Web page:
The University of Arizona

Southwest Climate Outlook December 2018 | CLIMAS

 SW Climate Outlook

Southwest Climate Outlook December 2018

 

Summary

PUBLISHED:  
Monday, December 17, 2018

November Precipitation and Temperature: After a wetter- and cooler than-average October, November was closer to long-term averages. Precipitation ranged from average to below-average in Arizona and New Mexico (Fig. 1a). Temperatures were mostly within the range of average, with some below-average observations in eastern New Mexico and the Four Corners region, and with a region of above-average temperatures on the Arizona/California border (Fig. 1b).

Seasonal & Annual Precipitation and Temperature: Autumn (Sept-Nov) precipitation was average to much-above average, save for a small pocket of below-average rainfall in northwestern New Mexico (Fig. 2a), while temperatures for the same period were average to above average throughout Arizona and New Mexico (Fig. 2b). Year-to-date precipitation ranges from record driest to much-above average, with the marked precipitation deficit continuing in the Four Corners region (Fig. 3a). Year-to-date temperature maps reduce the effect of monthly variability and reveal much-above-average temperatures across most of the Southwest, including some local areas of record-warmest conditions (Fig. 3b).

Drought: The Dec. 11 U.S. Drought Monitor (USDM) highlights the presence of drought across the entire Southwest, with persistent and severe drought conditions in the Four Corners region (Fig. 4). Drought in the Southwest poses a challenge in mapping different timescales and intensities of drought on a weekly basis. In a region already characterized by dry conditions, where accumulated precipitation deficits build over seasons and years, these drought characterizations can struggle to capture all of these inputs. The 36-month standardized precipitation index (SPI) for the Southwest (Fig. 5) highlights differential patterns of drought and precipitation deficit.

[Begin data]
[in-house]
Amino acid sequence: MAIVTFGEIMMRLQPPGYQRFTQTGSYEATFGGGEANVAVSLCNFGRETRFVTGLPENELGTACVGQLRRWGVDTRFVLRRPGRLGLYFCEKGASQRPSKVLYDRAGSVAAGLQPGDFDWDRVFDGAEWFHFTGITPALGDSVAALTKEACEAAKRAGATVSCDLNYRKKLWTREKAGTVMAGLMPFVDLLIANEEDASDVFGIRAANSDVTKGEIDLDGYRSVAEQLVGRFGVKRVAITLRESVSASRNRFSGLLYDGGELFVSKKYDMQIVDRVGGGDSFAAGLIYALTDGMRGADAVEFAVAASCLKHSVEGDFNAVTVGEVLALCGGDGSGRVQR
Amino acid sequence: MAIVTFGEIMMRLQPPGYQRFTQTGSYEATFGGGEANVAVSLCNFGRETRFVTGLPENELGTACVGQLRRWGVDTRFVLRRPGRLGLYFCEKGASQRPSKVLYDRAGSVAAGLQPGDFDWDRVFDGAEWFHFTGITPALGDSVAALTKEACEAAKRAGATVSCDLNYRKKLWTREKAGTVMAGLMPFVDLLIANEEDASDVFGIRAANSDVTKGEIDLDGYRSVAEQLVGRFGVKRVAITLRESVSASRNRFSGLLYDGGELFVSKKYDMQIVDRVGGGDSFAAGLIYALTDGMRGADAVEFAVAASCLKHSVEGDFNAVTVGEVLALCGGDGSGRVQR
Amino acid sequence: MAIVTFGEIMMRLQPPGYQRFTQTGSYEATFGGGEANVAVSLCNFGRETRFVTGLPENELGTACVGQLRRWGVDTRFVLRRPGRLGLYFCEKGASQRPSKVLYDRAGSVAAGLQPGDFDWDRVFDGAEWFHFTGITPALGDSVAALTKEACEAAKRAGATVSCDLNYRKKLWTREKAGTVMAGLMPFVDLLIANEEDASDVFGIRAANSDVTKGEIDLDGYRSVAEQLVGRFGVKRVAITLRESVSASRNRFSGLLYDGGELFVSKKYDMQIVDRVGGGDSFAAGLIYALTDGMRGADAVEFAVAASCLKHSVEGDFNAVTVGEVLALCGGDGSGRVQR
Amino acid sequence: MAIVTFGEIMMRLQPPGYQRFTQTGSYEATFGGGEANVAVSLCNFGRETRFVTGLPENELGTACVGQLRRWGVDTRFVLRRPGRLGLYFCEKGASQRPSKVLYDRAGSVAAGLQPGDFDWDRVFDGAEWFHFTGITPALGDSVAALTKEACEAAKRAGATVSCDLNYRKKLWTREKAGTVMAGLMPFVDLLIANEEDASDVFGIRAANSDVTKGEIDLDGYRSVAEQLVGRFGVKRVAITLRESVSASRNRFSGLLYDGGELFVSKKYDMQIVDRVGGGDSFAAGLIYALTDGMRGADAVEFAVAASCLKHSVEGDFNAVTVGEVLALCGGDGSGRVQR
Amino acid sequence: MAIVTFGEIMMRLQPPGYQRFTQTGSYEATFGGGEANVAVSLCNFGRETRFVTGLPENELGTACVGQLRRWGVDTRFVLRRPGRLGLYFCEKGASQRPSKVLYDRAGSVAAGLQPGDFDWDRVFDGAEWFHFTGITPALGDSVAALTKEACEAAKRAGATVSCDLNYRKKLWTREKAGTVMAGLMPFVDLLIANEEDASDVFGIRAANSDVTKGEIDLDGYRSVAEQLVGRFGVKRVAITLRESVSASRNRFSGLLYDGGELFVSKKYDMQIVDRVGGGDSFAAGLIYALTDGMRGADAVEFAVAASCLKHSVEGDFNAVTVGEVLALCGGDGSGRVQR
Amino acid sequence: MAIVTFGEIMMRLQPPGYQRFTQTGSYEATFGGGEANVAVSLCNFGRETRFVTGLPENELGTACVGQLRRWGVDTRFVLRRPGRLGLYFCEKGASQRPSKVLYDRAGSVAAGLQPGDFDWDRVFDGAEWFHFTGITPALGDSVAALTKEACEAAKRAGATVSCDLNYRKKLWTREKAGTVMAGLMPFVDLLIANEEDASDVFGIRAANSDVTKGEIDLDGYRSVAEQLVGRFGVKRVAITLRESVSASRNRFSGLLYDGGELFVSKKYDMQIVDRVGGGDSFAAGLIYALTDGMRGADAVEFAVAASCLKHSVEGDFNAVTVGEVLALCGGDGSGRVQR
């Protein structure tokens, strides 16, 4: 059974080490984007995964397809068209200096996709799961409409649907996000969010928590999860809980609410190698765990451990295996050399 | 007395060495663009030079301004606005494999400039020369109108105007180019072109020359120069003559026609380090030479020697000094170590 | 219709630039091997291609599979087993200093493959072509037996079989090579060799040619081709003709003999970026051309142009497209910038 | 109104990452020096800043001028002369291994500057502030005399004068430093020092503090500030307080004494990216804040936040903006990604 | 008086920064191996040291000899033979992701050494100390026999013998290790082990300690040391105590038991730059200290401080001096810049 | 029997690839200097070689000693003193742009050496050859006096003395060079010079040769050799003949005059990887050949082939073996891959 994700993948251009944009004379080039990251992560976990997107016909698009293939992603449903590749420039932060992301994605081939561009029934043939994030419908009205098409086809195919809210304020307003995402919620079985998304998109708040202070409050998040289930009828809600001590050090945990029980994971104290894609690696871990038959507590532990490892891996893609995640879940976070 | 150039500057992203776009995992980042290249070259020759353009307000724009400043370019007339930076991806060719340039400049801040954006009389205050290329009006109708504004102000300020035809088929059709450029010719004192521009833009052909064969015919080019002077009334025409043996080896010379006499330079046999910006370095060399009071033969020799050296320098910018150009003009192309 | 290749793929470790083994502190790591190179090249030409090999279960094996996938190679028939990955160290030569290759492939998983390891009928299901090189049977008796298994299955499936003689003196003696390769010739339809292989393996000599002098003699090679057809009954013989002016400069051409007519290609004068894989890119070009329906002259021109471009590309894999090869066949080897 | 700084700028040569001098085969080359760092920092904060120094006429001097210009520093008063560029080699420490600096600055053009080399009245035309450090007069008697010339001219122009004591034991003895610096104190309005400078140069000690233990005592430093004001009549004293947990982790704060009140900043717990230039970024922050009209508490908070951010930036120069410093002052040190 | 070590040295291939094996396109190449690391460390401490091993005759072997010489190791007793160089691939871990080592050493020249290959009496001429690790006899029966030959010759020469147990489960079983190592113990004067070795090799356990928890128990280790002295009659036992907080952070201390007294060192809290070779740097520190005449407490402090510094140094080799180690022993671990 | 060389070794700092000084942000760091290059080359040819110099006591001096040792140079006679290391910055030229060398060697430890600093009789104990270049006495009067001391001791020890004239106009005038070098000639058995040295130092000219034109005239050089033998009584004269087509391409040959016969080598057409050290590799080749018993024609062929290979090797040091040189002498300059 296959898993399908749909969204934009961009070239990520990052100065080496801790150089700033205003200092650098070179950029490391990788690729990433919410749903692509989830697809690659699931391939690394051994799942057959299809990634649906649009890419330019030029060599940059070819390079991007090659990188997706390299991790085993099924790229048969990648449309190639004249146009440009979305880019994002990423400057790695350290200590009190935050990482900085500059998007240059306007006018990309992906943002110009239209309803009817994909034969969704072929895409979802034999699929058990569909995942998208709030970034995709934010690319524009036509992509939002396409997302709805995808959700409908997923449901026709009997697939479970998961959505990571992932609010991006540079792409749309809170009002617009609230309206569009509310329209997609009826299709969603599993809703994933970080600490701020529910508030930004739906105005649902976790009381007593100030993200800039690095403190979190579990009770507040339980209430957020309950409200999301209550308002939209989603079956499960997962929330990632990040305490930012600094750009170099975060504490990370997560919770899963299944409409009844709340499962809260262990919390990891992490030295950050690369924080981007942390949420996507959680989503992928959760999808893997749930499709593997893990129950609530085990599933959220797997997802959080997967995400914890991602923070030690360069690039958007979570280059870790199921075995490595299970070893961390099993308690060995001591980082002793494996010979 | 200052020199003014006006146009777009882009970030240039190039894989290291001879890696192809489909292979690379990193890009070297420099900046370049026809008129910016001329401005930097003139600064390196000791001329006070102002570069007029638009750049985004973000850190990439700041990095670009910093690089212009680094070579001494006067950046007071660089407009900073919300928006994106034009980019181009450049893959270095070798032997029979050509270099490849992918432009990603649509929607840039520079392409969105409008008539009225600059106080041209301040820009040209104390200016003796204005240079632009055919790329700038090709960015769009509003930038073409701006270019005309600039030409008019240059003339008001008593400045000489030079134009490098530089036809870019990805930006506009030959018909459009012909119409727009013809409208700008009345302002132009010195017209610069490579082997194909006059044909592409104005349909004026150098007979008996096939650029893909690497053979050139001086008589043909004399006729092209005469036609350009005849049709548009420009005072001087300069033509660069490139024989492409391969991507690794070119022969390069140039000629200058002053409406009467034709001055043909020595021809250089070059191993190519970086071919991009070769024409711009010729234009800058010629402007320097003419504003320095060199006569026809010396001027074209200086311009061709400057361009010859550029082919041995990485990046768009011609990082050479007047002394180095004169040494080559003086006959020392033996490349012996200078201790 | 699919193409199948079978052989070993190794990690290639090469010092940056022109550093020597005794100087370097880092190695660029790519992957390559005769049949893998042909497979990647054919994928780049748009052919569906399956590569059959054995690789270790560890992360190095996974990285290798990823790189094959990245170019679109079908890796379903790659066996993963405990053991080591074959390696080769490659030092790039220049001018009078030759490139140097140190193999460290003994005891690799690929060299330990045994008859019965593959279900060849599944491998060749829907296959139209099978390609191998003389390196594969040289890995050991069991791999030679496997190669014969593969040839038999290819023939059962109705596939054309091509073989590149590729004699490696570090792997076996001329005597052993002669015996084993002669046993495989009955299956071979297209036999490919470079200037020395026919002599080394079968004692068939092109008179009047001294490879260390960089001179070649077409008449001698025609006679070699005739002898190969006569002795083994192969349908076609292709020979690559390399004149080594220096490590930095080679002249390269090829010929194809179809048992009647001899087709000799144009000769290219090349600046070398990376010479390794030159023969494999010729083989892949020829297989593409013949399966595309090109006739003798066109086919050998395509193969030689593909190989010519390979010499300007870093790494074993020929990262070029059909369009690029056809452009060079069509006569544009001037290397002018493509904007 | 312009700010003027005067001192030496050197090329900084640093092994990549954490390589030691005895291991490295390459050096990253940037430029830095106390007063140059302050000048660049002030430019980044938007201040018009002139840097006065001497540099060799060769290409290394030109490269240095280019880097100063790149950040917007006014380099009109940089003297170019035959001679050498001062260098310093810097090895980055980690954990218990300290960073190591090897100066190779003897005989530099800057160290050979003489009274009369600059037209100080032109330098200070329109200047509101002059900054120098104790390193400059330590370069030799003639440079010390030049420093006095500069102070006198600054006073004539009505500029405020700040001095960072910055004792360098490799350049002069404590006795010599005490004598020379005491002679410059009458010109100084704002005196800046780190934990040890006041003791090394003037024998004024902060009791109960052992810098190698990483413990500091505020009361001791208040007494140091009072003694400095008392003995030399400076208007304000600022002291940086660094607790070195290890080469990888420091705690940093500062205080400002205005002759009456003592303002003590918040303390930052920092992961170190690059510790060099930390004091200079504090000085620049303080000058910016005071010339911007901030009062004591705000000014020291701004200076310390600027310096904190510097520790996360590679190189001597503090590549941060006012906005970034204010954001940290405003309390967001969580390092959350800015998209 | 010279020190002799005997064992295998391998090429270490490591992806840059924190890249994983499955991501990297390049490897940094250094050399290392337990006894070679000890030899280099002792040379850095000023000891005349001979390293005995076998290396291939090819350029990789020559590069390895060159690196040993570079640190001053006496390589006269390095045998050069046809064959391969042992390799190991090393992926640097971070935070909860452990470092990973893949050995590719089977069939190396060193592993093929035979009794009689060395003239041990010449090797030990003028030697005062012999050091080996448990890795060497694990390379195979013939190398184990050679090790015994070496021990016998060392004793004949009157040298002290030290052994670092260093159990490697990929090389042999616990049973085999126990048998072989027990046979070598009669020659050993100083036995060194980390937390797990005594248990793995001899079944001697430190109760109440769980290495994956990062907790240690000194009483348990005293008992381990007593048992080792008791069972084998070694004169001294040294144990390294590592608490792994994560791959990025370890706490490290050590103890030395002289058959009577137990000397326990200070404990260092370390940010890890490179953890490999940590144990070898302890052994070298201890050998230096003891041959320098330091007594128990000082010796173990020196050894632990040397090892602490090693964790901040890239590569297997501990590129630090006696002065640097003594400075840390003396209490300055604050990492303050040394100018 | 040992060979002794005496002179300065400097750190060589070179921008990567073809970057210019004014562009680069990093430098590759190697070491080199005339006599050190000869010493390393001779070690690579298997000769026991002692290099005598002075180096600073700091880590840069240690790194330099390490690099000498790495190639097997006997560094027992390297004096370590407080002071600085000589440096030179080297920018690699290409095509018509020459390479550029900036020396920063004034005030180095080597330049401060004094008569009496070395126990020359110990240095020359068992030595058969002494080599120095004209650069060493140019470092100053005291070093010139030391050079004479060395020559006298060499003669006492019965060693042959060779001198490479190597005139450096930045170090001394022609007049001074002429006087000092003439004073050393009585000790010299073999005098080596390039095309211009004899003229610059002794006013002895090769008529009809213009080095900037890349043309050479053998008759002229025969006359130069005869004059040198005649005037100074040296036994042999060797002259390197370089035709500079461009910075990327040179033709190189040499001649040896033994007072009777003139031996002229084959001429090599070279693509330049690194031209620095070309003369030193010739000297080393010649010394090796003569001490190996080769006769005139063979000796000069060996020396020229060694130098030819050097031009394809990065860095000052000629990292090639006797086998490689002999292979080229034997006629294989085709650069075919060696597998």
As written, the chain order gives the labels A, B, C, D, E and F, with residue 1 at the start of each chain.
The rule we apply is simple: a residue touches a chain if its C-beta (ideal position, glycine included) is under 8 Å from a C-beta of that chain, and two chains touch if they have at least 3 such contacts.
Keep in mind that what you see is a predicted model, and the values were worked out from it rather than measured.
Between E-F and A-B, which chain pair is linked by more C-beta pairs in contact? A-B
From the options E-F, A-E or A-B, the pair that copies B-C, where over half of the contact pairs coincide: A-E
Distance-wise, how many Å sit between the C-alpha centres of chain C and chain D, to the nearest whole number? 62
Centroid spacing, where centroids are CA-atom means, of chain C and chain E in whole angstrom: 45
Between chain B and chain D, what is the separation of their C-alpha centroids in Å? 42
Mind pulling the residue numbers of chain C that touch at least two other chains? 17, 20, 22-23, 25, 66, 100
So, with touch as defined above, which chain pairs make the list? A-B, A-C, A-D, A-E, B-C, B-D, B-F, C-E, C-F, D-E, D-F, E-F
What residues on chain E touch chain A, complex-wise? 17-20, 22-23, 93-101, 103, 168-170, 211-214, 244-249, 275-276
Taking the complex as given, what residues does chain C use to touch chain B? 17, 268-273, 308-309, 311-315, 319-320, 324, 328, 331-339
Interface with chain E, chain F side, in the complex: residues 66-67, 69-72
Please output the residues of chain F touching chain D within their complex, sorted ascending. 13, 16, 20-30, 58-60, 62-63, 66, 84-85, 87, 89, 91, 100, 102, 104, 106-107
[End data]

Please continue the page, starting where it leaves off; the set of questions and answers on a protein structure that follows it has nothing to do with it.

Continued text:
Snowpack & Water Supply: Snow water equivalent (SWE) has fluctuated considerably in southern Arizona and New Mexico this fall, with current values generally near or below average as of Dec. 15 (Fig. 6). Reservoir storage remains a persistent concern, as water levels have been impacted by long-term drought and accumulated precipitation deficit. Most of the reservoirs are at or below their long-term averages, and a few of the Rio Grande reservoirs are especially low (see Arizona and New Mexico reservoir storage).

El Niño Tracker: An El Niño event appears imminent, with oceanic indicators now well into El Niño territory while atmospheric indicators continue to lag behind. Most forecasts noted a lack of coupling between ocean and atmosphere but remain confident of an El Niño event during winter 2018-2019, with forecast probabilities hovering around an 80- to 90-percent likelihood (see El Niño Tracker).

Precipitation and Temperature Forecast: The three-month outlook for December through February calls for increased chances of above-normal precipitation in most of Arizona, New Mexico, and northern Mexico (Fig. 7, top), and mostly equal chances of above- or below-average temperatures for the southwestern United States and northern Mexico (Fig. 7, bottom).

Published by the Climate Assessment for the Southwest (CLIMAS), with support from University of Arizona Cooperative Extension, the Arizona State Climate Office, and the New Mexico State Climate office.

Disclaimer. This packet contains official and non-official forecasts, as well as other information. While we make every effort to verify this information, please understand that we do not warrant the accuracy of any of these materials. The user assumes the entire risk related to the use of this data. CLIMAS, UA Cooperative Extension, and the State Climate Office at Arizona State University (ASU) disclaim any and all warranties, whether expressed or implied, including (without limitation) any implied warranties of merchantability or fitness for a particular purpose. In no event will CLIMAS, UA Cooperative Extension, and the State Climate Office at ASU or The University of Arizona be liable to you or to any third party for any direct, indirect, incidental, consequential, special or exemplary damages or lost profit resulting from any use or misuse of this data.